The Washington Huskies have found their new receivers coach.
Matt Lubick, who already trekked from Oregon to Mississippi to Baylor this offseason, has been officially announced as the new wide receivers coach and co-offensive coordinator for the Huskies.
Lubick replaces Bush Hamdan, who coached receivers for UW in 2016 before recently accepting the job of quarterbacks coach for the Atlanta Falcons.
“I am excited to add Matt to our coaching staff,” UW coach Chris Petersen said in a statement released by the school. “He has earned a national reputation as an innovative coaching mind and a successful recruiter. Equally as important, we believe he will be a terrific fit with our staff, players and the University of Washington.”
Lubick served as offensive coordinator at Oregon in 2016 after coaching receivers for the Ducks from 2013-15. After Oregon coach Mark Helfrich and his staff were fired at the end of last season, Lubick took the receivers coach position at Mississippi in December, but left that job after less than a month to become co-offensive coordinator at Baylor under new coach Matt Rhule.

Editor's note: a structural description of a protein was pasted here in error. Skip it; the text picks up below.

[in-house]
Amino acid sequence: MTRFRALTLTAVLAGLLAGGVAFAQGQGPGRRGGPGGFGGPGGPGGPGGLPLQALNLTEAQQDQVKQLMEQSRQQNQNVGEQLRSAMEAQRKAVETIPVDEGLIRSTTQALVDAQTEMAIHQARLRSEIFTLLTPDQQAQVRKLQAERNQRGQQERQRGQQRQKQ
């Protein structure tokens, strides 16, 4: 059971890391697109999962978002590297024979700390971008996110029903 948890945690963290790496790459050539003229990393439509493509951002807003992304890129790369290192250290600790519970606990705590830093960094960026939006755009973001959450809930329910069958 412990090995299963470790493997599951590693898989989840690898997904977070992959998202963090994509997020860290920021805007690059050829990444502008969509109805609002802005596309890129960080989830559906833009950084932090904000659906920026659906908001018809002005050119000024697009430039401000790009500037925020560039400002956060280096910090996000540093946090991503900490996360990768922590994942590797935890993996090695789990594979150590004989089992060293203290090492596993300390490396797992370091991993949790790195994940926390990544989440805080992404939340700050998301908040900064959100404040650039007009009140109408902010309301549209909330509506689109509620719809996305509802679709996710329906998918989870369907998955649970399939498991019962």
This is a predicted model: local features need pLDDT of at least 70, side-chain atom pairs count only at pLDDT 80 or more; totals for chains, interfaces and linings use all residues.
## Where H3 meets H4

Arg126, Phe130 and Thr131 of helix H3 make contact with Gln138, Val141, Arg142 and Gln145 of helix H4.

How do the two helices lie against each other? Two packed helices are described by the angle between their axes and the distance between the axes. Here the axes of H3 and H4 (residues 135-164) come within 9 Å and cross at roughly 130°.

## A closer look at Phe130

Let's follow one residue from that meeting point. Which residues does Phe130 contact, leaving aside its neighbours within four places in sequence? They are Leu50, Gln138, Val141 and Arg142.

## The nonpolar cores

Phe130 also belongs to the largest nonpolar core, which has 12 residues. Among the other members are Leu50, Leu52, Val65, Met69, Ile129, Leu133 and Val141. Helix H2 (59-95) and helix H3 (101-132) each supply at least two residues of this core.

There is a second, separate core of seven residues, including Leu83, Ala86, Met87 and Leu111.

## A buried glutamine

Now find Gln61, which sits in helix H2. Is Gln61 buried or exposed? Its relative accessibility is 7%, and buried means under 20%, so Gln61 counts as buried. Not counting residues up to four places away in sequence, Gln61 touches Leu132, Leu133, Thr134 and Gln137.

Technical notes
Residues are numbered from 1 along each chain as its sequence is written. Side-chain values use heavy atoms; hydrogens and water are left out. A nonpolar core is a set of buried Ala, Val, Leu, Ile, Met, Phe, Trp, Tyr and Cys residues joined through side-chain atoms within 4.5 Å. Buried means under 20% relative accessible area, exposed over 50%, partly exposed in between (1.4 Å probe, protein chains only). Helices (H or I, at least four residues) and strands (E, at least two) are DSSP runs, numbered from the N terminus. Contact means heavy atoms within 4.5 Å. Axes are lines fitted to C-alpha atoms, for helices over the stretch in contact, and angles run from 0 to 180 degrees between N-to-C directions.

The son of longtime Colorado State head coach Sonny Lubick, Matt Lubick also had previous stops as receivers coach at Duke (2010-12), defensive backs coach at Arizona State (2007-09), receivers coach at Mississippi (2005-06), receivers coach at Colorado State (2001-04), defensive backs coach at Oregon State (1999-2000) and receivers coach at San Jose State (1997-98).
Lubick, 45, was born in Bozeman, Montana, and played defensive back at Montana Western from 1991-94. In 2012, when Lubick was at Duke, FootballScoop.com named him the receivers coach of the year in college football. Duke coach David Cutcliffe called Lubick “simply the best recruiter that I’ve ever worked with.”
At Washington, Lubick will reunite with offensive coordinator Jonathan Smith, who played quarterback at Oregon State while Lubick was the Beavers’ defensive backs coach.
For more on Lubick’s background, check out this story by Andrew Greif of the Oregonian, written during Oregon’s 2014-15 College Football Playoff run.